Researchers at the University of California, San Diego School of Medicine and Kyushu University Medical School say a novel combination of a specific sugar molecule with a pair of cell-killing drugs prompts a wide variety of cancer cell types to kill themselves, a process called apoptosis or programmed cell death.
The findings are reported online in the journal Cancer Research.
“The goal of targeted therapy is to stop the growth of cancerous cells while doing little or no harm to healthy tissue,” said Guy Perkins, PhD, associate project scientist at the Center for Research in Biological Systems at UC San Diego. “Cancer researchers are always looking for new therapies to target a variety of cancers and kill tumor cells in various stages of development.”
Unfortunately, added co-author Ryuji Yamaguchi, PhD, senior researcher at Kyushu University Medical School in Fukuoka, Japan, “even the best new drugs seem to be limited to specific cancer types and too often tumor cells develop resistance to these drugs, leading to eventual treatment failure.”
The new two-part therapy described by Perkins and Yamaguchi focuses on depriving cancer cells of their fundamental need for sugar to fuel growth and multiplication. The first component is a modified glucose or sugar molecule called 2-deoxyglucose (2-DG). Although readily taken in by sugar-hungry cancer cells, it cannot be broken down to produce energy. Instead, it hampers cancer cell growth and primes the cells for early death by opening access to an internal protein that can trigger apoptosis.
Cells primed with 2-DG are then exposed to a pair of drugs, ABT-263/737, which signal the internal protein to initiate cell death. Researchers say only cancer cells sensitized for death by 2-DG and exposed to ABT-263/737 are broadly impacted. Healthy brain cells, which are also highly glycolytic like cancer cells, are protected because ABT-263/737 cannot cross the body’s blood-brain barrier.
After first determining that in vitro cancer cells incubated with 2-DG and exposed to low concentrations of ABT-263/737 died, the researchers conducted animal studies. They found that when 2-DG was injected into animals, it predominantly accumulated in cancer cells that were subsequently killed by an injection of ABT-263/737. The two-step approach successfully induced apoptosis in leukemia, hepatocarcinoma, lung, breast and cervical cancers. Yamaguchi said it caused cell death at many stages of cancer development, including a difficult-to-treat, chemo-resistant, highly metastasized form of prostate cancer.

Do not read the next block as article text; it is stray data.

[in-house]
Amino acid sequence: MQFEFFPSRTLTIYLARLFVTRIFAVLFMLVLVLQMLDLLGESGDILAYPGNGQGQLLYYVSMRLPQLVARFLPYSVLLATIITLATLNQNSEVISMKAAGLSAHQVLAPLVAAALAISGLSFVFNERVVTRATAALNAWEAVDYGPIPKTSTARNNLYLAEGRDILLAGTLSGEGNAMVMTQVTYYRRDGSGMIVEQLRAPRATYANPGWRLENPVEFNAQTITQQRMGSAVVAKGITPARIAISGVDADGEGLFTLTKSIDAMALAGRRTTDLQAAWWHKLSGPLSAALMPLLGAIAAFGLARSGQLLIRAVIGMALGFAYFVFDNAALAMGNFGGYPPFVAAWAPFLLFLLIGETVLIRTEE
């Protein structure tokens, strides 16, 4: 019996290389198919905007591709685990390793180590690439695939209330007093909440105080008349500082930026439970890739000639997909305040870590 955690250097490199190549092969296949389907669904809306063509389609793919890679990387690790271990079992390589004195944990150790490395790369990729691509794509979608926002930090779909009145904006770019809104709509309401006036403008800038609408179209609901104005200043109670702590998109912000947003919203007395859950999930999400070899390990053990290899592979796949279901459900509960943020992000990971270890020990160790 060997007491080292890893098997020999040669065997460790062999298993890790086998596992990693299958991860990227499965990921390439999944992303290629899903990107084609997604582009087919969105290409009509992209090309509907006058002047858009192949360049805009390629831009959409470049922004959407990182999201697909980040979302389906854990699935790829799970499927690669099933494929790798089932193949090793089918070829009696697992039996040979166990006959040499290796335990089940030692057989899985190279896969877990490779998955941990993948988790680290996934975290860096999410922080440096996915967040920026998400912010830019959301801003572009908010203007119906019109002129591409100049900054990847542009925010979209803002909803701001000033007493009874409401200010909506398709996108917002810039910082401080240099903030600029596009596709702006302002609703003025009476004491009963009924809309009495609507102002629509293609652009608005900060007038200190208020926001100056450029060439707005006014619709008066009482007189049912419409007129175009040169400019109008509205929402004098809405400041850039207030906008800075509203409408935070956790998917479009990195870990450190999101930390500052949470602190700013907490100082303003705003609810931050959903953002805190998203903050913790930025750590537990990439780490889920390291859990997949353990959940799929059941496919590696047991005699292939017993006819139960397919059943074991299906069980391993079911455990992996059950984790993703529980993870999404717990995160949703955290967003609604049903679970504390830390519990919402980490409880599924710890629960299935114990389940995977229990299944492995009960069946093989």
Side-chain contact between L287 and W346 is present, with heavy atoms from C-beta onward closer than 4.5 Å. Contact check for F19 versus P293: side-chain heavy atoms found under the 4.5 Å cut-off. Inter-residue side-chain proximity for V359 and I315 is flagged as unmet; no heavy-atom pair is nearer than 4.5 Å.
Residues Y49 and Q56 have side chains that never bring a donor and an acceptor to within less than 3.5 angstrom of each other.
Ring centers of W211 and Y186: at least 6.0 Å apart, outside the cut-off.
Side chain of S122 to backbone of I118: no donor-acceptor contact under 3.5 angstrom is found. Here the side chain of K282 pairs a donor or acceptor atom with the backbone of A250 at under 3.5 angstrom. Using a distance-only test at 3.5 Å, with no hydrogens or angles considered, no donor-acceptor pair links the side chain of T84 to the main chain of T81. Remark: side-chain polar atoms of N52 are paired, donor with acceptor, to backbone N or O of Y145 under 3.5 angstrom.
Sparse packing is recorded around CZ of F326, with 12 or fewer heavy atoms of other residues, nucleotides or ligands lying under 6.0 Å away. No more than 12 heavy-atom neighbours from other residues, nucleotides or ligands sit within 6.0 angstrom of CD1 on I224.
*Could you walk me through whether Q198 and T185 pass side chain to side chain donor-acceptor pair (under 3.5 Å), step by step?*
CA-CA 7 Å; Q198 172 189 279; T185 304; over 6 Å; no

“Since the combination of 2-DG and ABT-263/737 induces rapid apoptosis through the intrinsic pathway, meaning through mitochondria, it leaves little room for interference by a cancer cell’s highly active mutagenic programs,” Perkins said.
The combined treatment, however, does not work on all cancers. “There are certain cancers that are resistant or in which this would cause lymphopenia and thrombopenia,” said Yamaguchi. Lymphopenia and thrombopenia are a loss of white blood cells or platelets, respectively. The scientists are developing “workarounds” to counteract these adverse effects, possibly by using stored hematopoietic stem cells for transplant after treatment.
“We are now trying to initiate a clinical trial for the combination,” said Yamaguchi. “Since both 2-DG and ABT-263 (Navitoclax) are already in Phase II clinical trials (for other treatments), we know something about the safety of these agents. Once we take precautionary measures, the 2-DG-ABT combination therapy may prove an effective alternative to some existing cancer therapies. We may have found a simple, partial solution to a very complex disease.”
Funding for this research came, in part, from the National Center for Research Resources and National Institutes of Health.
Scott LaFee, 619-543-6163